Description of Securities Registered Pursuant to Section 12 of the Securities Exchange Act of 1934
DESCRIPTION OF SECURITIES
REGISTERED PURSUANT TO SECTION 12 OF
THE SECURITIES EXCHANGE ACT OF 1934
The following summary describes the common stock, par value $0.01 per share, of Eagle Bancorp, Inc. the only class of securities of the Company registered pursuant to Section 12 of the Securities Exchange Act of 1934, as amended. Capitalized terms used but not defined in this exhibit have the meanings ascribed to them in the Company’s Annual Report on Form 10-K for the year ended December 31, 2019.
Authorized Capitalization. The Company’s authorized capital stock consists of 100,000,000 shares of common stock, par value $0.01 per share (the “common stock”), and 1,000,000 shares of preferred stock, par value $0.01 per share, the terms of which may be established by the board of directors without shareholder action.
Description of the Common Stock
This summary describes the material terms of our common stock and is not complete. This summary is qualified in its entirety by reference to applicable Maryland law, our articles of incorporation, as amended (our “Articles of Incorporation”) and our bylaws, as amended (the “Bylaws”). For a complete description of our common stock, we refer you to our Articles of Incorporation and Bylaws, which have been filed with the Securities and Exchange Commission and are incorporated by reference as exhibits to this Annual Report on Form 10-K.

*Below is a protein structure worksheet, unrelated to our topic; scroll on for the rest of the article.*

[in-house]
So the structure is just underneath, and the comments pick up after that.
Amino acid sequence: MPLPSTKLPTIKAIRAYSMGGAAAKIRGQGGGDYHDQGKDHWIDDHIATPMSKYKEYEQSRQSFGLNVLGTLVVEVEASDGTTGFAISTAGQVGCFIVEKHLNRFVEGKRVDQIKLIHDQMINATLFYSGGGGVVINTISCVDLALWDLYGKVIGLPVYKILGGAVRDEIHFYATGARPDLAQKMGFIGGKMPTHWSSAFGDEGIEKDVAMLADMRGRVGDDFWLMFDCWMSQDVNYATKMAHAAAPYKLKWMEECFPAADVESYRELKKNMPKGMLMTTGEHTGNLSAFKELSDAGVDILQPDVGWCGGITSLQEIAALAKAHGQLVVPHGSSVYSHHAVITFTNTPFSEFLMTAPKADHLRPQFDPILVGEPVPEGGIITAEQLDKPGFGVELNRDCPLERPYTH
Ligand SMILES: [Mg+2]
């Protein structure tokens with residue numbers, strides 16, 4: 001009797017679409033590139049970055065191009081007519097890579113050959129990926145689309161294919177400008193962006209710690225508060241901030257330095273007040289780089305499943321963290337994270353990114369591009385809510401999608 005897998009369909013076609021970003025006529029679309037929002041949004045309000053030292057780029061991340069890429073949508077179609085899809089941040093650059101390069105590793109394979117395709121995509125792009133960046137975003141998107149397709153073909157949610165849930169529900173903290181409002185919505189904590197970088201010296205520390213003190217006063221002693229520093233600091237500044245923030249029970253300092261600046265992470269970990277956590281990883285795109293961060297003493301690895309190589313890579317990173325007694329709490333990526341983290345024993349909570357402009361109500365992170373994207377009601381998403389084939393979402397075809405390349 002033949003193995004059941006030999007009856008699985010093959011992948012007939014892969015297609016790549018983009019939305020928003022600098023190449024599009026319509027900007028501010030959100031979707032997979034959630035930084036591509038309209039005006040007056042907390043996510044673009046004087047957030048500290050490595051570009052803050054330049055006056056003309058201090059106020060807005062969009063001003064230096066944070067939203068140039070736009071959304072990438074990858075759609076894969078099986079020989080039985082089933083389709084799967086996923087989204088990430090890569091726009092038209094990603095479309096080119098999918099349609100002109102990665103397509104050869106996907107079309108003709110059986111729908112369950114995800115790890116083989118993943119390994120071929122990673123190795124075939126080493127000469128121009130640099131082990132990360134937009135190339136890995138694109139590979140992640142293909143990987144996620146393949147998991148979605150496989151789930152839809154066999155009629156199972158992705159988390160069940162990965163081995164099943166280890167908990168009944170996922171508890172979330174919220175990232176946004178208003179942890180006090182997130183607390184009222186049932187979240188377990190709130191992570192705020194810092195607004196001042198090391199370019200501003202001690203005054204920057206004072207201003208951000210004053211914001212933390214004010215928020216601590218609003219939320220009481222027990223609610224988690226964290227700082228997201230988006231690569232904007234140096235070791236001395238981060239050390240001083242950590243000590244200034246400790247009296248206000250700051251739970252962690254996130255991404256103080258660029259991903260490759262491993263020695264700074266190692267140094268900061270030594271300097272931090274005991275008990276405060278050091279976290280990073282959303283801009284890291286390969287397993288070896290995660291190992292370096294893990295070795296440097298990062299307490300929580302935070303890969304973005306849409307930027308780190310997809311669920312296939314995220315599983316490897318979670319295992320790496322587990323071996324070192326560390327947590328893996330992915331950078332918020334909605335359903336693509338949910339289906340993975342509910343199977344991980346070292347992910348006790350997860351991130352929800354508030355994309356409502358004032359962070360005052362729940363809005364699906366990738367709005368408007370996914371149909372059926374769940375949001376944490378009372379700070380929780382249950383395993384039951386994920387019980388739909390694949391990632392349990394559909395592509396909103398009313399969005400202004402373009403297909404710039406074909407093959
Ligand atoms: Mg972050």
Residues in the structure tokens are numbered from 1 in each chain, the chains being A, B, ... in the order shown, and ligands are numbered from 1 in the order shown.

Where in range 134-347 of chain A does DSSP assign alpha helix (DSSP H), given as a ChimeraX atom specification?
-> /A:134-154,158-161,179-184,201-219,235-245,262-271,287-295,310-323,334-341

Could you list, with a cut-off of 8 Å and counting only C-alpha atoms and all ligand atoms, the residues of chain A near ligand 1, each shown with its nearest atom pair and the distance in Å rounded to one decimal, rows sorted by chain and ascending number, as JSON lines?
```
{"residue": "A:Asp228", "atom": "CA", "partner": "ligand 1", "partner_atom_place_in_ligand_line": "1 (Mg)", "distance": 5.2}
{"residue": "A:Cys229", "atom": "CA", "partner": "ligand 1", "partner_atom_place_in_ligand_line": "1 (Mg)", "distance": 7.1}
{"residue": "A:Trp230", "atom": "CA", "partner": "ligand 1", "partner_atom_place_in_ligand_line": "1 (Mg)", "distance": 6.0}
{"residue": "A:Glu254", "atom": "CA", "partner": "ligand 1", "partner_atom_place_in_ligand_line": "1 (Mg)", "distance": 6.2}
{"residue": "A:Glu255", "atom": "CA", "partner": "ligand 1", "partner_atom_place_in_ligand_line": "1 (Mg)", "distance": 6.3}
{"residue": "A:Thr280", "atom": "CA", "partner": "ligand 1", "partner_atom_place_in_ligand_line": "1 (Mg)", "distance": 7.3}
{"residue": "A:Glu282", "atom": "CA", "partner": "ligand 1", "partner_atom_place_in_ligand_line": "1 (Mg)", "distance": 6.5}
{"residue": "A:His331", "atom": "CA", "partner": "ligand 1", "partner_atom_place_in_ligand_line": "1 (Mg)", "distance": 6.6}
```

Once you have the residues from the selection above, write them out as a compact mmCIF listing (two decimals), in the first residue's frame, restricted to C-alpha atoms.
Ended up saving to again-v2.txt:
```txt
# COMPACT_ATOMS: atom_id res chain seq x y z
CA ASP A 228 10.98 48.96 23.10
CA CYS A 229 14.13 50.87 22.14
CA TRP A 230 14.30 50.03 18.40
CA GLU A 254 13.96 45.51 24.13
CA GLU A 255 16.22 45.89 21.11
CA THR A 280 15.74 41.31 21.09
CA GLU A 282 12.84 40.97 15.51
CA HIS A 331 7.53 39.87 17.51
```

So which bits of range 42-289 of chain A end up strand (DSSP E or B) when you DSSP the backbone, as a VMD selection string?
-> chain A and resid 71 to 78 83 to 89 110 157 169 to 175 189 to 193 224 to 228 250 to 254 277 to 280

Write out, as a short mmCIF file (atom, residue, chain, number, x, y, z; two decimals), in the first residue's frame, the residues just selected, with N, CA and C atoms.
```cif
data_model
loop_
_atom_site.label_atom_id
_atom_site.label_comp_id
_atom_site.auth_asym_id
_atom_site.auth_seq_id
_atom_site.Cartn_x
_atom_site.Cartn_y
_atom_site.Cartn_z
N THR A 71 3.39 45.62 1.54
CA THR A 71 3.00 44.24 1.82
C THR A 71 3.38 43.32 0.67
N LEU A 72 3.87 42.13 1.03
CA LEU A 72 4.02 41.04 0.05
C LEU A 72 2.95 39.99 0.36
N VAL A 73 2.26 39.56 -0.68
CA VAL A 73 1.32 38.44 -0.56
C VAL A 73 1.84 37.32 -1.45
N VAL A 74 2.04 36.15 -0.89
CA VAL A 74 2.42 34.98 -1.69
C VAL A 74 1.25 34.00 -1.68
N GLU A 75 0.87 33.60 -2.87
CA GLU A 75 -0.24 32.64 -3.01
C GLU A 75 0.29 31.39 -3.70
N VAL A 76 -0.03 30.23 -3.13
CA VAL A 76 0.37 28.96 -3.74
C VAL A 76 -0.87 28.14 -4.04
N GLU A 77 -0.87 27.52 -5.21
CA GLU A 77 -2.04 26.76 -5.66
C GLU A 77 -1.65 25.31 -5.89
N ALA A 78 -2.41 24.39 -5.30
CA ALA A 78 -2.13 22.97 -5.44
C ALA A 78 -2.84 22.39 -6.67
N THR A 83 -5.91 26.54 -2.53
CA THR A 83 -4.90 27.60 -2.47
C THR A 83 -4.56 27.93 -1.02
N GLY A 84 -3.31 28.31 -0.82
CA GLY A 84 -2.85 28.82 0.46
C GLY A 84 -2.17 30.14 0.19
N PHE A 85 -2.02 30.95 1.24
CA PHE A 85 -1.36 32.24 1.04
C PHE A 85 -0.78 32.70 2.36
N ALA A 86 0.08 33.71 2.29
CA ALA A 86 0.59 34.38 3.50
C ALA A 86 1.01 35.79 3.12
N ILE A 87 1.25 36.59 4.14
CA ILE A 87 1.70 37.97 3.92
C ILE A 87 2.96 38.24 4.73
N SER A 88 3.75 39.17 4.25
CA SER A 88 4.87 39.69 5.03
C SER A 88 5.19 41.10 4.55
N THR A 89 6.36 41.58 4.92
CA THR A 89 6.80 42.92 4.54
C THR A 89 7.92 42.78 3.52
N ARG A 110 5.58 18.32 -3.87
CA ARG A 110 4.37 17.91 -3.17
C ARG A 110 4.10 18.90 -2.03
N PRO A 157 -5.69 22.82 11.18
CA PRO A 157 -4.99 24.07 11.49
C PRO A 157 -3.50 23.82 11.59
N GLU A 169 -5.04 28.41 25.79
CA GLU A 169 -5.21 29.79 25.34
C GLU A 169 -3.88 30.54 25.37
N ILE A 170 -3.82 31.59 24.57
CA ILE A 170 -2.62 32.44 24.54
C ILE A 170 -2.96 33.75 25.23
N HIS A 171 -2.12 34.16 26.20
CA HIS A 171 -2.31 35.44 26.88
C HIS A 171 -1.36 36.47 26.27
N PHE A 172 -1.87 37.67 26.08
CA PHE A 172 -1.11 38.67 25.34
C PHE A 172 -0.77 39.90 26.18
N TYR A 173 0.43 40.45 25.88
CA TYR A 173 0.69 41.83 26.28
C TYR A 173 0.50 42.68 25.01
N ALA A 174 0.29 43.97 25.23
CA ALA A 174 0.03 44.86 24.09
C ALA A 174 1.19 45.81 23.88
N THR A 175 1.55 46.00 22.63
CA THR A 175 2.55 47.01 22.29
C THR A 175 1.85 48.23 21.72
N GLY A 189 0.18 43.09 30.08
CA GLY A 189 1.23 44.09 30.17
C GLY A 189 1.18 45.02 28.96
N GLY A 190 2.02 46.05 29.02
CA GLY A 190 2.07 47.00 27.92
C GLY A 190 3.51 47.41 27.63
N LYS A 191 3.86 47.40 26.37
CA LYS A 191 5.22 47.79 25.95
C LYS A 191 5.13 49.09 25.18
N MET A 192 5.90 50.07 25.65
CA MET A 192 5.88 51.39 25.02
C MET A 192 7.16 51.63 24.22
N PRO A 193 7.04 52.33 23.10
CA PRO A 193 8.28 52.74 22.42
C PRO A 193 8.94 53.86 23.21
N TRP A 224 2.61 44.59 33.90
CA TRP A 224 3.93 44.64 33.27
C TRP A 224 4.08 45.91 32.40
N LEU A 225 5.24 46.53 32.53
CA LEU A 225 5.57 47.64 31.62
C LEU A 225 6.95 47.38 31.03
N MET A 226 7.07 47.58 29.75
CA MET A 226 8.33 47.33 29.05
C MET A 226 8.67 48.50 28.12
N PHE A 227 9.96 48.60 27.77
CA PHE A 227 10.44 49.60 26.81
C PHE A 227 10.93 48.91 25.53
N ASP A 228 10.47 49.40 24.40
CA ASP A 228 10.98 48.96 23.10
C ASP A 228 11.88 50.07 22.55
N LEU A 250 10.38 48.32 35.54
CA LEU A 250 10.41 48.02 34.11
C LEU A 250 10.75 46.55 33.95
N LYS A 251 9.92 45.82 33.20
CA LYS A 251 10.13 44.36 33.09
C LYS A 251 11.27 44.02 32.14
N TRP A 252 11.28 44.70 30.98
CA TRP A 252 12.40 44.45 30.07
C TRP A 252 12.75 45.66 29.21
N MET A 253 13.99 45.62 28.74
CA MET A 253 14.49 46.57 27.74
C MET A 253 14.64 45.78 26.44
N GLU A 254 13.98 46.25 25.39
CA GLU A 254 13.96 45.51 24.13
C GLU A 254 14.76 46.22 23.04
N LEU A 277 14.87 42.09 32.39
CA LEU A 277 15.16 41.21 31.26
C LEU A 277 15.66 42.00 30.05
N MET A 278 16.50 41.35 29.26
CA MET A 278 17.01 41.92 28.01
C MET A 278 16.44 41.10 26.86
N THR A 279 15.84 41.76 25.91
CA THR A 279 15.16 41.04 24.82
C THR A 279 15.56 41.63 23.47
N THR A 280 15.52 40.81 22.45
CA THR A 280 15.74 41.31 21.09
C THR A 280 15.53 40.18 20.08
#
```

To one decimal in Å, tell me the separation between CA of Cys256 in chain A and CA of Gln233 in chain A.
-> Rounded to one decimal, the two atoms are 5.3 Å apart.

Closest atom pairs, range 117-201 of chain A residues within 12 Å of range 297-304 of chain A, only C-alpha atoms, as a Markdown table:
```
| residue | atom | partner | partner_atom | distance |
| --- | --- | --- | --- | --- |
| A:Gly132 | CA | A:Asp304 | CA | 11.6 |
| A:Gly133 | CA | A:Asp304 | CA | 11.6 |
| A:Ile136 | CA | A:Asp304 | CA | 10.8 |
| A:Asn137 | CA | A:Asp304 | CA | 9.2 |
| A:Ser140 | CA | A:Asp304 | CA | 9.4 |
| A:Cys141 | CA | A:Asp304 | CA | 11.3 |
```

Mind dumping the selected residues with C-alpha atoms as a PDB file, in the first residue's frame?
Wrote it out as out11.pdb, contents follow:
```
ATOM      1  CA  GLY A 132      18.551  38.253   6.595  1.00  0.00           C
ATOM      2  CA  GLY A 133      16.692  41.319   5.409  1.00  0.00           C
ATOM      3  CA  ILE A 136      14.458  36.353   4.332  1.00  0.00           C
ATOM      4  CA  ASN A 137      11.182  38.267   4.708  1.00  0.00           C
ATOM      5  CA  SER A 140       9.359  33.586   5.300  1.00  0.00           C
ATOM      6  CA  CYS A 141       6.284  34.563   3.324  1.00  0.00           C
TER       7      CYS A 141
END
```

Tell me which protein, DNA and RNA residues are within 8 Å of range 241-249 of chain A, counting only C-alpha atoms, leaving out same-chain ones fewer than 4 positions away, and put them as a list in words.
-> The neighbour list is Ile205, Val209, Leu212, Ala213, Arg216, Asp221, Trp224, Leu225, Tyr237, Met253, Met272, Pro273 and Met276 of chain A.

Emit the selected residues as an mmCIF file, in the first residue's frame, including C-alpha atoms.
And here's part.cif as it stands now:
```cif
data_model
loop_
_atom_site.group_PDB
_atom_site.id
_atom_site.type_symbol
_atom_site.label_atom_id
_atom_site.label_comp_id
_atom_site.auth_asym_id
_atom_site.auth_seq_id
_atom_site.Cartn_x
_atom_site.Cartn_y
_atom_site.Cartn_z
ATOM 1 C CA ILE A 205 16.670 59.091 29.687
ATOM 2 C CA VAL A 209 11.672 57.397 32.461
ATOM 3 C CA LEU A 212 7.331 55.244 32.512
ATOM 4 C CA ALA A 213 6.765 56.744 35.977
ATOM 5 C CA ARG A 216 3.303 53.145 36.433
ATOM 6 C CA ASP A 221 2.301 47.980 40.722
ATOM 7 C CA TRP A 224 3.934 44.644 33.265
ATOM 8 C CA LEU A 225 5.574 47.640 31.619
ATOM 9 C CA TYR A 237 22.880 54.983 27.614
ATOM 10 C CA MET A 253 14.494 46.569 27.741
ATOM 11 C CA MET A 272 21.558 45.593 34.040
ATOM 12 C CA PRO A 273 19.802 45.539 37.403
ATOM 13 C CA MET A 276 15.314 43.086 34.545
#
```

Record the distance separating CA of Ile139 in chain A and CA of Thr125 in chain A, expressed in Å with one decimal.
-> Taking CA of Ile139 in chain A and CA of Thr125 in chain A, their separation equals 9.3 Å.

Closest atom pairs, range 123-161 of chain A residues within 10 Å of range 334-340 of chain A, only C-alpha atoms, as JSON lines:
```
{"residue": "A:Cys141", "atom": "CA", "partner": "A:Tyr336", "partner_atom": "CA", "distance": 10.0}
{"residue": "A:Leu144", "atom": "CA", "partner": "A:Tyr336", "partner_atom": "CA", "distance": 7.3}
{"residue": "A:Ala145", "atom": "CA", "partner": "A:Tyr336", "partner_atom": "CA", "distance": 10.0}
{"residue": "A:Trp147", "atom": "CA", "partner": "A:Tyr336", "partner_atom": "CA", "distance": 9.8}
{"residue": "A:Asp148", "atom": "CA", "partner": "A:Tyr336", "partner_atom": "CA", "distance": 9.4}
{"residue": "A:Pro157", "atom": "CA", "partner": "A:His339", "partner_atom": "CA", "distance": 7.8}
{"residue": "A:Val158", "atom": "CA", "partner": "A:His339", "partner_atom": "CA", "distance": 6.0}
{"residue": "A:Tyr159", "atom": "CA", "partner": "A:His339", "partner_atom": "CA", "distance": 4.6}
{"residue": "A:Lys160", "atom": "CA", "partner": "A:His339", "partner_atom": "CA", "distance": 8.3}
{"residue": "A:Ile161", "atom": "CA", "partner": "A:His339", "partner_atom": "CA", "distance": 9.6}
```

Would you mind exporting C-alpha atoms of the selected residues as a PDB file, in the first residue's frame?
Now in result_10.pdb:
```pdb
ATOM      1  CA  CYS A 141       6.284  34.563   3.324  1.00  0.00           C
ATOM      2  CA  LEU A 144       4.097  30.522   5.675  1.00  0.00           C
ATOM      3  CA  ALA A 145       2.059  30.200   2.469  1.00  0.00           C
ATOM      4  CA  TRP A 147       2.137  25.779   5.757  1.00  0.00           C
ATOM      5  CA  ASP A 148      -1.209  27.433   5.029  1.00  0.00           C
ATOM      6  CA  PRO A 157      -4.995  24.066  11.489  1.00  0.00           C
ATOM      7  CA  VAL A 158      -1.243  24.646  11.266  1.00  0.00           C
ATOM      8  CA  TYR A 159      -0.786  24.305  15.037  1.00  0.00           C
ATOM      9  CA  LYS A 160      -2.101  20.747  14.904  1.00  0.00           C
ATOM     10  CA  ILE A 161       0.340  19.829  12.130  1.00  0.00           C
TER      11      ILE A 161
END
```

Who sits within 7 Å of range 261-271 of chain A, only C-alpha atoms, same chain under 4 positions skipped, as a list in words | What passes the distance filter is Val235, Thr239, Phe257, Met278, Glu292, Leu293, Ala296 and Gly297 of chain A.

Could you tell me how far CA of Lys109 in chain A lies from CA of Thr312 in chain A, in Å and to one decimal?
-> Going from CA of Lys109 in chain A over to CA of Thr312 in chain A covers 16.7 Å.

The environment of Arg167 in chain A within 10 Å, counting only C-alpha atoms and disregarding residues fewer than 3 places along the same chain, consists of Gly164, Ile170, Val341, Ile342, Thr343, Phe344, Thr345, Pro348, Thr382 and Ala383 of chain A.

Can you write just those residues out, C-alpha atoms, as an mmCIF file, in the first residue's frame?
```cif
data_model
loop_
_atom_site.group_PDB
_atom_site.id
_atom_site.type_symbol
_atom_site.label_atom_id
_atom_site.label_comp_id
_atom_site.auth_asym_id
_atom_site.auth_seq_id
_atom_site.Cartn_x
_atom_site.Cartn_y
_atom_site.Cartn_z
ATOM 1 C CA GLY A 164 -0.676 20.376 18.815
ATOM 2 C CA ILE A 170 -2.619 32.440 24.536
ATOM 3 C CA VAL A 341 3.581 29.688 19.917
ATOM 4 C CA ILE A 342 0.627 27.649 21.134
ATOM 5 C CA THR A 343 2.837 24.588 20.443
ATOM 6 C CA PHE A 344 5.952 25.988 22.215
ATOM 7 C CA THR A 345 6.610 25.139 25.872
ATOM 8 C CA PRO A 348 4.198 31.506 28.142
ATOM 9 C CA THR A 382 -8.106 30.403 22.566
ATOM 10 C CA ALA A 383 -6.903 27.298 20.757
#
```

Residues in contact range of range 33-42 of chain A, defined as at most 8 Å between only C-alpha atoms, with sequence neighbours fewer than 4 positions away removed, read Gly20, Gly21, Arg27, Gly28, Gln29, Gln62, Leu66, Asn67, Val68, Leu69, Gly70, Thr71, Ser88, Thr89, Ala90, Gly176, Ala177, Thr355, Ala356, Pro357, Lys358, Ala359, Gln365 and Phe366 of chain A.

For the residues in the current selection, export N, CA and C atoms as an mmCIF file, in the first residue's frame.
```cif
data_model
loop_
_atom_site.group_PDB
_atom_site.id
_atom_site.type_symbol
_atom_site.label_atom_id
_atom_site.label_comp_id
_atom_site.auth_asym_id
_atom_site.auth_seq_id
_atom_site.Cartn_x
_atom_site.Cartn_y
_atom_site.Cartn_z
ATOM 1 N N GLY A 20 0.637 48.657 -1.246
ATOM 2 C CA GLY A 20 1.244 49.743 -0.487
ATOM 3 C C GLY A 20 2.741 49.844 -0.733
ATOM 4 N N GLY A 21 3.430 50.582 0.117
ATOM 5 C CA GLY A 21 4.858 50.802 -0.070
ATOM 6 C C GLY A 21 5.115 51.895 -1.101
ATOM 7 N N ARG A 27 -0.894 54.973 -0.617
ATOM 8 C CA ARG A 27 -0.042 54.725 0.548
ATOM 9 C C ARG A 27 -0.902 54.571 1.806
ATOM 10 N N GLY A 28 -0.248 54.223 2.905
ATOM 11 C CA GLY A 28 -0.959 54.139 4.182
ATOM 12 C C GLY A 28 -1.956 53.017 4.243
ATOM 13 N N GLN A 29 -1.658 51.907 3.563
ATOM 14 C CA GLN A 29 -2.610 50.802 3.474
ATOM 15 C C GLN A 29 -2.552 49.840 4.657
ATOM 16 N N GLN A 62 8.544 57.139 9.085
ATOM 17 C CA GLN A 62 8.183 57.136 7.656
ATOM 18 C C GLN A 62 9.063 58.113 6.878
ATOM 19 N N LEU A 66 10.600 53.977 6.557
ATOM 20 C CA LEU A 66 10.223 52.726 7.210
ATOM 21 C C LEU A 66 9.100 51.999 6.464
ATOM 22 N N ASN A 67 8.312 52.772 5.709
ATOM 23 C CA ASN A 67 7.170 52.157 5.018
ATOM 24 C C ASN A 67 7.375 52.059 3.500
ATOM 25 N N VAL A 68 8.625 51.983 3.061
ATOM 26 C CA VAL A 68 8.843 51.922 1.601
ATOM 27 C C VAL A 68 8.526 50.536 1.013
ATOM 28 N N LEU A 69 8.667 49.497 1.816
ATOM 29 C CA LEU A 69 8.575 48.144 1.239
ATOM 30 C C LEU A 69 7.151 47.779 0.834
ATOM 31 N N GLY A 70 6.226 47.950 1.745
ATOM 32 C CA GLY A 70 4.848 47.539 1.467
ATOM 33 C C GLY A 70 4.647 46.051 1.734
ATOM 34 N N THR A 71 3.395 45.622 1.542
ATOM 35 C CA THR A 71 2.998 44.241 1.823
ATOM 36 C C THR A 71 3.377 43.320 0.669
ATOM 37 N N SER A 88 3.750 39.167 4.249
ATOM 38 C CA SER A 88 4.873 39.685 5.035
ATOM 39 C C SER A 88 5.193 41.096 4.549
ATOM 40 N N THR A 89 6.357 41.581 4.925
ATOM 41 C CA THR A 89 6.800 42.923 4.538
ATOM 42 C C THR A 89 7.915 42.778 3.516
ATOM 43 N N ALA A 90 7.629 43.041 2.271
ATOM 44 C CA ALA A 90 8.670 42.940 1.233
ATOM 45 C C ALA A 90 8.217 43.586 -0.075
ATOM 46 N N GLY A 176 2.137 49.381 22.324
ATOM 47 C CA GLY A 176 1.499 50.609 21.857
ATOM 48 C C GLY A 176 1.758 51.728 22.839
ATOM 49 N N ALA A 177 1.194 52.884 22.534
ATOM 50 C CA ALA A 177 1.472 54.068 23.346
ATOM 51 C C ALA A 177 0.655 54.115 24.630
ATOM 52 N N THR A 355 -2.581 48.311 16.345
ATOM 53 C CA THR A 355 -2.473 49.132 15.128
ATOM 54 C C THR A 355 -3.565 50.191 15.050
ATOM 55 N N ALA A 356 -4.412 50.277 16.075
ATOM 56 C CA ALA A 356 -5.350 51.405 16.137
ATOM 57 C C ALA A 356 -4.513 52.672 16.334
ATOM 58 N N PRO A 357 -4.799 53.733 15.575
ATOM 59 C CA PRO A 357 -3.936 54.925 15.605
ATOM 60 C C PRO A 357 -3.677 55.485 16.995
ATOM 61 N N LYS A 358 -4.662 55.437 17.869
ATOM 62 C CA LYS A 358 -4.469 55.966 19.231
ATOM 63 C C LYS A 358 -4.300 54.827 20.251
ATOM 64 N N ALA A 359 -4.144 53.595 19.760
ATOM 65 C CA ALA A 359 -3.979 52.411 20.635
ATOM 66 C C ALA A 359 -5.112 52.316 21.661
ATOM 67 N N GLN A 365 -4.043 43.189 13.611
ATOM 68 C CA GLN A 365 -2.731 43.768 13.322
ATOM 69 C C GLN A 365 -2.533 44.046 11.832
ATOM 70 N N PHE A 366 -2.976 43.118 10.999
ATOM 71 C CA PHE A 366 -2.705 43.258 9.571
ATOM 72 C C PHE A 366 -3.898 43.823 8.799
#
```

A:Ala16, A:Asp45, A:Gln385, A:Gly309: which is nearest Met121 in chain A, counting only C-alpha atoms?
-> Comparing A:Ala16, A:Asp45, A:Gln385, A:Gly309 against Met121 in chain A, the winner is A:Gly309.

Voting Rights. Holders of common stock are entitled to cast one vote for each share held of record, Shareholders do not have cumulative voting rights. Shareholders do not have the ability to act by written consent unless the written consent is signed by each shareholder entitled to vote on the matter and a written waiver of any rights to dissent is signed by each shareholder entitled to notice but not entitled to vote at the meeting.
Preemptive Rights. Holders of common stock do not have preemptive rights or other rights to subscribe for additional shares, except as the board of directors may specifically authorize in connection with any offering.
Dividend Rights. Holders of the common stock have the right to receive such dividends as may be declared by the board of directors out of legally available funds, pro rata, subject to the rights of any class or series of stock having preference to the common stock.
Regulations of the Federal Reserve Board and Maryland law place limits on the amount of dividends the Bank may pay to the Company without prior approval. Prior regulatory approval is required to pay dividends which exceed the Bank’s net profits for the current year plus its retained net profits for the preceding two calendar years, less required transfers to surplus. Under Maryland law, dividends may only be paid out of retained earnings. State and federal bank regulatory agencies also have authority to prohibit a bank from paying dividends if such payment is deemed to be an unsafe or unsound practice, and the Federal Reserve Board has the same authority over bank holding companies.